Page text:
State outlines response plan for world Y2K glitches

The State Department last week disclosed an elaborate plan to ensure that its embassies worldwide will continue to operate in the event of Year 2000-related losses of power, communications and services in host countries.

The plan lays out procedures to follow in reporting on the Year 2000 status of host countries, requiring the department's foreign posts to submit a series of status reports after the date rollover. It also includes giving some embassies and consulates generators and digital satellite phones so that the offices have a way to communicate with offices in Washington, D.C., and have a source of electricity for computers and other equipment.

Bonnie Cohen, undersecretary for management at State, on Oct. 13 told the Senate Special Committee on the Year 2000 Technology Problem that the agency's plan has focused on three areas: fixing mission-critical systems worldwide; making sure the department's missions will operate even if Year 2000-related disruptions occur; and encouraging other countries to complete Year 2000 fixes and develop contingency plans.

"At this late date, our most valuable use of time is spent encouraging international organizations to design contingency plans to manage Y2K-related disruptions," said committee vice chairman Sen. Christopher Dodd (D-Conn.) in a prepared statement. "The implications in the global arena do not differ greatly from the domestic risks. They simply occur on a grander scale."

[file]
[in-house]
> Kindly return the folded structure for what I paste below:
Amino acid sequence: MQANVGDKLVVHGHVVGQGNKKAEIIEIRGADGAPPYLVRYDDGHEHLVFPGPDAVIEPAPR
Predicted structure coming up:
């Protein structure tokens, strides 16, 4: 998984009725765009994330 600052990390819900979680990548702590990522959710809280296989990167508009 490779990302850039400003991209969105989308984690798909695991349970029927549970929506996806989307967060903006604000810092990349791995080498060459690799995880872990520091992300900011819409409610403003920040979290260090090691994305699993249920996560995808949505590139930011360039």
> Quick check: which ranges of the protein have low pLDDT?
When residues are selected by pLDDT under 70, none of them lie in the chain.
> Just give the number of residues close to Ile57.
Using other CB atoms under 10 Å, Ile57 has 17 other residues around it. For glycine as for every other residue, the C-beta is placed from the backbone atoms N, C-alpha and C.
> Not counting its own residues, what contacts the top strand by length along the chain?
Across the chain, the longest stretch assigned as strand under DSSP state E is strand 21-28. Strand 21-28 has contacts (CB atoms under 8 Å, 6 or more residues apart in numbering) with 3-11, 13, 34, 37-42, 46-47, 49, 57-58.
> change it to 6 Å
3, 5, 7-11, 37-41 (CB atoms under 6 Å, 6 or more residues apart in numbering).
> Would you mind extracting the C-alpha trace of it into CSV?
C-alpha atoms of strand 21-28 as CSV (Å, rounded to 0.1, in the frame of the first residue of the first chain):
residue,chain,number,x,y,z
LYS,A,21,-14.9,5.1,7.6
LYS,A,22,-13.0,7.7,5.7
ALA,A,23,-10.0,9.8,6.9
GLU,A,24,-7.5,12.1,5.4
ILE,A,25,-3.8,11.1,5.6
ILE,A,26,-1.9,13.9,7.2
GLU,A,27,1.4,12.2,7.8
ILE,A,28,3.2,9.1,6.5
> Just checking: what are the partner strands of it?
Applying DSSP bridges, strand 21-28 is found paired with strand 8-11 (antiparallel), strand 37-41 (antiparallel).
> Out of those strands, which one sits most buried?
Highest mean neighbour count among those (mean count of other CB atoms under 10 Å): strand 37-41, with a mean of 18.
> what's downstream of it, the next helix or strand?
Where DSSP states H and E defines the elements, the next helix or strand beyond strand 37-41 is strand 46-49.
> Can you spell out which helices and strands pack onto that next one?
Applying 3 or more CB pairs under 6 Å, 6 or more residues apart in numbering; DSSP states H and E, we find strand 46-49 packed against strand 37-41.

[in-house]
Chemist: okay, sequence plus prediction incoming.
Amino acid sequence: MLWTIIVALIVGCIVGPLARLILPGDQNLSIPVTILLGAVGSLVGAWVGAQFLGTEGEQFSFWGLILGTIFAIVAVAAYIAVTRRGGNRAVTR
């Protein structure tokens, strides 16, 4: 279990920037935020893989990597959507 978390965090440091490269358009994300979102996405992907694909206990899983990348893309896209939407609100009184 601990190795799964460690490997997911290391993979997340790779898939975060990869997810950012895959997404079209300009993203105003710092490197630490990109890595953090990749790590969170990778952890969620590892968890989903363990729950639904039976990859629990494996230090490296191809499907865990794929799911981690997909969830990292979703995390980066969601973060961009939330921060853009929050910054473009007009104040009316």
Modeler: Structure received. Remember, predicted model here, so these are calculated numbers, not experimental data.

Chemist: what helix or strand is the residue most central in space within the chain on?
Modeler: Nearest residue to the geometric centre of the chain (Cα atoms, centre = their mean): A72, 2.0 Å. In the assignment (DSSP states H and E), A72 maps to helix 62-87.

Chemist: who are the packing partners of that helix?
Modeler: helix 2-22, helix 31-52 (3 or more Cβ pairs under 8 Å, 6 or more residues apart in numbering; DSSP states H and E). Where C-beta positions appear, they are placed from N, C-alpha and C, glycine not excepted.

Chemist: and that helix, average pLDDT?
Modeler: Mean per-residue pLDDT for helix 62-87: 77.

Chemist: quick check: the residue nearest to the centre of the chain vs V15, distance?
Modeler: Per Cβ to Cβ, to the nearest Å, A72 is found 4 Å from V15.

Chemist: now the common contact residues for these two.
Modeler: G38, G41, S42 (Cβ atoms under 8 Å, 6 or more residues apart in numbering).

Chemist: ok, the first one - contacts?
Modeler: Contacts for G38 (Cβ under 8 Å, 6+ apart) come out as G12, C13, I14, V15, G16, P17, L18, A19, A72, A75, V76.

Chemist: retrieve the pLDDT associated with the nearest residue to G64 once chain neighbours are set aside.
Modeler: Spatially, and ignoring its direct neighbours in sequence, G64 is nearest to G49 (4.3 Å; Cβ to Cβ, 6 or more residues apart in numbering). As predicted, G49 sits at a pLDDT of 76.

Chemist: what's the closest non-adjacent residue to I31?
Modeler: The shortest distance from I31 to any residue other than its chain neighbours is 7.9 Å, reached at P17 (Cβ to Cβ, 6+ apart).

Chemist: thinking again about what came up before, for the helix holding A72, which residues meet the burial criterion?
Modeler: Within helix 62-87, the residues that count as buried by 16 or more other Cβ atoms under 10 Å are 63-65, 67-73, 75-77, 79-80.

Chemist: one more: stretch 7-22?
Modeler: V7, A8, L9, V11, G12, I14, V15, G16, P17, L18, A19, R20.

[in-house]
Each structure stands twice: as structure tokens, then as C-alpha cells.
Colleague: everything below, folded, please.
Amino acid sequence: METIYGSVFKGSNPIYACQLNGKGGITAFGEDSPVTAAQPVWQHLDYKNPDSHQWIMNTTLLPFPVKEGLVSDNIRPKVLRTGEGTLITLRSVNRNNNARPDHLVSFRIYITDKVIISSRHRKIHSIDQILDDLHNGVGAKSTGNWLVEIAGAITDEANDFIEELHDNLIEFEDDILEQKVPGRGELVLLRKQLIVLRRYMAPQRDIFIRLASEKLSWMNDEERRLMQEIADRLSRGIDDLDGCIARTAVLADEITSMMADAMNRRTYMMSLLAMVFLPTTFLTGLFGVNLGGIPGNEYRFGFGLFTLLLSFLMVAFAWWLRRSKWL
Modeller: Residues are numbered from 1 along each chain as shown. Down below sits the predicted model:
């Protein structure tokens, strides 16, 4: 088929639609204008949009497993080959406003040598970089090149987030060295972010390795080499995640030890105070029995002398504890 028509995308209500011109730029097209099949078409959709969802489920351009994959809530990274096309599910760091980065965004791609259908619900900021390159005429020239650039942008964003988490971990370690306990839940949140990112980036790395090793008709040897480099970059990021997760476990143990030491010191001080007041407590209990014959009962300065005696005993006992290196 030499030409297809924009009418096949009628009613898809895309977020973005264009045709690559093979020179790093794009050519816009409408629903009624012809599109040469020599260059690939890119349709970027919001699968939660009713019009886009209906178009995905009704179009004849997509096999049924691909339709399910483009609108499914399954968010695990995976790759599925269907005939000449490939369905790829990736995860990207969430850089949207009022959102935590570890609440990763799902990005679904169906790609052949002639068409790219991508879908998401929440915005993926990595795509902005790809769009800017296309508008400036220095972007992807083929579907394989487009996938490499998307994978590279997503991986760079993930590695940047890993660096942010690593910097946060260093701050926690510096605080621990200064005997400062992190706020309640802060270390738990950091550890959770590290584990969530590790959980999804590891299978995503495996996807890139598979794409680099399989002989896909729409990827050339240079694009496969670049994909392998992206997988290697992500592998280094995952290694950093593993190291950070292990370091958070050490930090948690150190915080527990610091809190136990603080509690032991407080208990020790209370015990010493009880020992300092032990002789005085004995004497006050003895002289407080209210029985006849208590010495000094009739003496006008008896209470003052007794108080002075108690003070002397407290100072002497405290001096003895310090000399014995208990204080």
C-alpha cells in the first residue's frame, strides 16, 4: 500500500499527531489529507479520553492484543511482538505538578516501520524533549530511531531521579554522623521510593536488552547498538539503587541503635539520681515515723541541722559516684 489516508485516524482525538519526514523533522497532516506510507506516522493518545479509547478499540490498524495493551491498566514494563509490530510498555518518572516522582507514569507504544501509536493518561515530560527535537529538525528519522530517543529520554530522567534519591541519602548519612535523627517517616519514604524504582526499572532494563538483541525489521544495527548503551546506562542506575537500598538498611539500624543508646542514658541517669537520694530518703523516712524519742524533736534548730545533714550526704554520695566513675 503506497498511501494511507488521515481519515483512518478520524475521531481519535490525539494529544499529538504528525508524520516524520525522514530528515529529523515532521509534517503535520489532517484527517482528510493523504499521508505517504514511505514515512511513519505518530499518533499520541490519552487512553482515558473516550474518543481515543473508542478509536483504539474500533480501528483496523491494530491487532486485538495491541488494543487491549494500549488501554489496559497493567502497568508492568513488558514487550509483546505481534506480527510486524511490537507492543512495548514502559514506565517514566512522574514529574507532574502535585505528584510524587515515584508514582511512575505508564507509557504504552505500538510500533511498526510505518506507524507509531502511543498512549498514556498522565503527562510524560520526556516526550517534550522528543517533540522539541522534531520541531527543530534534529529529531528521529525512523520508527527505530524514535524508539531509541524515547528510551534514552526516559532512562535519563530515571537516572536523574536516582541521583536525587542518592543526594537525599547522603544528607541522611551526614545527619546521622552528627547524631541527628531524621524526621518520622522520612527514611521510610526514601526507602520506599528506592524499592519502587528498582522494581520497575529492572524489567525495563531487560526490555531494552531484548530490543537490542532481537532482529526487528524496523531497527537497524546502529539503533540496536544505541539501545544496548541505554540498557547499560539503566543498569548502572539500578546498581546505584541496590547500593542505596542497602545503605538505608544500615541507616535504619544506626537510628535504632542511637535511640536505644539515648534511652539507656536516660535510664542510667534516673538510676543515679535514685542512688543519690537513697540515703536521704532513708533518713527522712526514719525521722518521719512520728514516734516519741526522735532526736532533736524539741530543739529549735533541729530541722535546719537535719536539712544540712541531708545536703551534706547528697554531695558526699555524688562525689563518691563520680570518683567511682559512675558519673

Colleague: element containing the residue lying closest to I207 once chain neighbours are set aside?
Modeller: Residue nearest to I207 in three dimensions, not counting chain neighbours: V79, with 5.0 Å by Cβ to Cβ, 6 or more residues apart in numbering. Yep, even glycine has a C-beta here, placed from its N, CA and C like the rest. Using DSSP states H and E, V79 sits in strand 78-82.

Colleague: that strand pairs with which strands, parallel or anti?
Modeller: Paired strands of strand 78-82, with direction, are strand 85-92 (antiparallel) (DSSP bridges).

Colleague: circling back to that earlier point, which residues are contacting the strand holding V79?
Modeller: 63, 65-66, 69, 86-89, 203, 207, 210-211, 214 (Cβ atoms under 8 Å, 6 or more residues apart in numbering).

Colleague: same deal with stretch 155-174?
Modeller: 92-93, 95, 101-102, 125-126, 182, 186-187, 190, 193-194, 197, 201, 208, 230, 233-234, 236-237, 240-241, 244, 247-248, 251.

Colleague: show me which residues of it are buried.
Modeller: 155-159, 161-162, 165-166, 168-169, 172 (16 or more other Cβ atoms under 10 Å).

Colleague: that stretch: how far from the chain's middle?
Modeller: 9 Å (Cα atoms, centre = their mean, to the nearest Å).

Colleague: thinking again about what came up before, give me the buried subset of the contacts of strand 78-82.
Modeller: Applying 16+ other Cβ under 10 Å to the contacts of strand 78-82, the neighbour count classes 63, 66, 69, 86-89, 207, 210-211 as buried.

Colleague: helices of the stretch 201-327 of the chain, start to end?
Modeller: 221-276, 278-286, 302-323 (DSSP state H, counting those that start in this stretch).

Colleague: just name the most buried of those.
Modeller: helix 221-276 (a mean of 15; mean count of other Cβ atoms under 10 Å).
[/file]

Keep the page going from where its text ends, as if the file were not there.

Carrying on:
Later in the day, State's Year 2000 adviser Stacy Williams unveiled details of the agency's plan to the Washington, D.C., Year 2000 Group, an interest group whose members come from the public and private sectors.

Williams told the group that some overseas posts will receive generators as well as satellite phones by Iridium LLC so that the posts will be able to continue to do business and communicate with State's headquarters in Washington. He said that one hour after local time, the posts should report by e-mail or fax to alert headquarters as to whether their host countries' electricity and telecommunications systems are working.

Twelve hours into Jan. 1, the posts are supposed to report on Year 2000 problems in more detail, such as whether automated traffic lights are operating correctly. Thirty-six hours into the new year, the posts will file another report on Year 2000 consequences. Monitoring of problems will continue for three days, according to Cohen.

"This reporting will serve as an early warning system for the U.S. on the types of problems that may occur domestically," she testified. "We will quickly be able to identify locations where power grids are not functioning or telecommunications systems are down."

Williams said information sent by the posts will go to an information "cell" at the department—a group of people who initially will analyze a nation's Year 2000 situation and route information, if needed, to the department's operations center, which has 150 workers working in three shifts.

Those operations center workers will feed the data to an information coordination center at State that will share information with other federal agencies, including the CIA, the National Security Agency, the National Imagery and Mapping Agency and the White House Situation Room, which monitors world crises.


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